Title

Taxonomic and Distributional Appraisal of the Genera Sergia and Sergestes (Decapoda: Dendrobranchiata: Sergestidae) Within the Northern Gulf of Mexico

Location

Guy Harvey Oceanographic Center Facility

Start

5-20-2016 4:30 PM

End

5-20-2016 4:45 PM

Abstract

The proposed study is unique because it will provide the first quantification of the sergestid species assemblage within the northern Gulf of Mexico (GOM). Current knowledge of the species is limited in the GOM as all previous studies were performed solely at one location in the eastern Gulf. This study fills an essential requirement in providing a description of the sergestid assemblage in terms of abundance, biomass, species richness, evenness and diversity, which will be quantified from data collected on the DEEPEND (Deep Pelagic Nekton Dynamics of the Gulf of Mexico) cruises from 2015 and 2016.

Day and night time depth distributions will be used to determine the level of migratory behavior (no migration, weak migrators, and strong migrators). In addition, spatial assemblage maps will be created using ArcGIS software to better display similarities or differences in species distributions over the years of study that trawl data cover. Due to the roles sergestids play in pelagic food webs, including providing food for many commercially important fisheries, they are a critical component in the maintenance of a healthy GOM ecosystem. In addition, a 2011 dataset of the same parameters will be quantified from a dataset available from the M/V Meg Skansi 2011 cruise, which collected samples one year after the Deepwater Horizon oil spill. There are no data available from the area before the oil spill; therefore, this “possibly contaminated” baseline will be compared with the DEEPEND data, to determine if substantial differences in the assemblage have occurred between these two datasets. Due to the increased understanding of depth distributions, migratory behavior and reproduction of the study species, this study has the potential to influence assessments following after future disasters.

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May 20th, 4:30 PM May 20th, 4:45 PM

Taxonomic and Distributional Appraisal of the Genera Sergia and Sergestes (Decapoda: Dendrobranchiata: Sergestidae) Within the Northern Gulf of Mexico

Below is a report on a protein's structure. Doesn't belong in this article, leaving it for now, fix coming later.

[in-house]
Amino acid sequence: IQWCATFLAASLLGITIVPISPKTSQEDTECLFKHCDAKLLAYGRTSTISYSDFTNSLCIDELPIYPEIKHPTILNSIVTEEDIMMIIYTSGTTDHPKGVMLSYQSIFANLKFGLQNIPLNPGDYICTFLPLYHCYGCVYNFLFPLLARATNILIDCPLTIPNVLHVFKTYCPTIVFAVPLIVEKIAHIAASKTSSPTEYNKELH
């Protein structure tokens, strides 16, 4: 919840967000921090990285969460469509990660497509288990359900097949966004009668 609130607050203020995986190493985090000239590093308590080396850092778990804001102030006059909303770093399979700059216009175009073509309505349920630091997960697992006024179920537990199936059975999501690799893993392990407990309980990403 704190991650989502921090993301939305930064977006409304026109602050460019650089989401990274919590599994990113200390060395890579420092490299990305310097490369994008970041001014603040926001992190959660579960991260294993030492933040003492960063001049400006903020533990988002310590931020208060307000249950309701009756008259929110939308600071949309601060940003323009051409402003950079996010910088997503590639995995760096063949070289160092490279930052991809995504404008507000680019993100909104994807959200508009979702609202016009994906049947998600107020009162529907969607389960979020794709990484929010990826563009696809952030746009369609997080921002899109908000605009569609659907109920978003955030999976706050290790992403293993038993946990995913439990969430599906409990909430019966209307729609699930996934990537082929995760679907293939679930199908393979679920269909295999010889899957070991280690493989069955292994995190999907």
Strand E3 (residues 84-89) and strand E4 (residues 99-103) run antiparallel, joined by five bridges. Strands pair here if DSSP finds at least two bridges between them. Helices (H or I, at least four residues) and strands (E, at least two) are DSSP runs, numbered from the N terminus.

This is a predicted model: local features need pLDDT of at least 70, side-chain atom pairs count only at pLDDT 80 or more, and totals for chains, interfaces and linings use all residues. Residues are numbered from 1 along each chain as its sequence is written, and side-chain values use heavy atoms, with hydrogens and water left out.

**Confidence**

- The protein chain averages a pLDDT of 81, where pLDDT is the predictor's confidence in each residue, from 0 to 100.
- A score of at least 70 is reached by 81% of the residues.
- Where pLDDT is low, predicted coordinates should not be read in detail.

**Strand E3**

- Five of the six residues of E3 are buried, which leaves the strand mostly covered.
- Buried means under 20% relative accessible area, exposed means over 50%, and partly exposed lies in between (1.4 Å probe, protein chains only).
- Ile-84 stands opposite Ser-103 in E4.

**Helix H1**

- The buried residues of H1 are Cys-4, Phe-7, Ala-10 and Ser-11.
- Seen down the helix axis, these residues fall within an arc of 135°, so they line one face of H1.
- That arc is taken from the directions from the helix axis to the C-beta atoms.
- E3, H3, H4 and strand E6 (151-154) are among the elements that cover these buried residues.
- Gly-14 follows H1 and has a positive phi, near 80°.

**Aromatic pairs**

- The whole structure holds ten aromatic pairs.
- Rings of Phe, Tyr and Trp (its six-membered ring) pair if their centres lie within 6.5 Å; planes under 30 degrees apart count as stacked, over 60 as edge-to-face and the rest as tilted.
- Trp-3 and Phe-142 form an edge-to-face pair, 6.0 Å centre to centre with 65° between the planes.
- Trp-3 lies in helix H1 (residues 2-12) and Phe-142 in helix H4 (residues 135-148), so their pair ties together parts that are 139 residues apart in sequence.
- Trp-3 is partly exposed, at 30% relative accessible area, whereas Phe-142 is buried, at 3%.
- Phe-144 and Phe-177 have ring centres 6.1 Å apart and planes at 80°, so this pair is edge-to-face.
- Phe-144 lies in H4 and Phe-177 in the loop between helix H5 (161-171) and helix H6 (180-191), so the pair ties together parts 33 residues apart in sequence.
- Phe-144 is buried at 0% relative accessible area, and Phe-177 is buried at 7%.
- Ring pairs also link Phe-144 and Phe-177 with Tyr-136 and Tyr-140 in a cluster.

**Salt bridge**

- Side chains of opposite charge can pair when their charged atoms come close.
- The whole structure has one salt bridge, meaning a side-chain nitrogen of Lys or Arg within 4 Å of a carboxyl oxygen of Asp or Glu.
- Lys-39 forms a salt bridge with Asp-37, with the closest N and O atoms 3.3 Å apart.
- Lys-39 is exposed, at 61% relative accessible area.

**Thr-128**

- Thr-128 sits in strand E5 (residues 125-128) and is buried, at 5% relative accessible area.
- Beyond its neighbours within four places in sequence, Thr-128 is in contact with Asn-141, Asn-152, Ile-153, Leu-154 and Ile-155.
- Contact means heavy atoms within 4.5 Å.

Guy Harvey Oceanographic Center Facility

The proposed study is unique because it will provide the first quantification of the sergestid species assemblage within the northern Gulf of Mexico (GOM). Current knowledge of the species is limited in the GOM as all previous studies were performed solely at one location in the eastern Gulf. This study fills an essential requirement in providing a description of the sergestid assemblage in terms of abundance, biomass, species richness, evenness and diversity, which will be quantified from data collected on the DEEPEND (Deep Pelagic Nekton Dynamics of the Gulf of Mexico) cruises from 2015 and 2016.

Day and night time depth distributions will be used to determine the level of migratory behavior (no migration, weak migrators, and strong migrators). In addition, spatial assemblage maps will be created using ArcGIS software to better display similarities or differences in species distributions over the years of study that trawl data cover. Due to the roles sergestids play in pelagic food webs, including providing food for many commercially important fisheries, they are a critical component in the maintenance of a healthy GOM ecosystem. In addition, a 2011 dataset of the same parameters will be quantified from a dataset available from the M/V Meg Skansi 2011 cruise, which collected samples one year after the Deepwater Horizon oil spill. There are no data available from the area before the oil spill; therefore, this “possibly contaminated” baseline will be compared with the DEEPEND data, to determine if substantial differences in the assemblage have occurred between these two datasets. Due to the increased understanding of depth distributions, migratory behavior and reproduction of the study species, this study has the potential to influence assessments following after future disasters.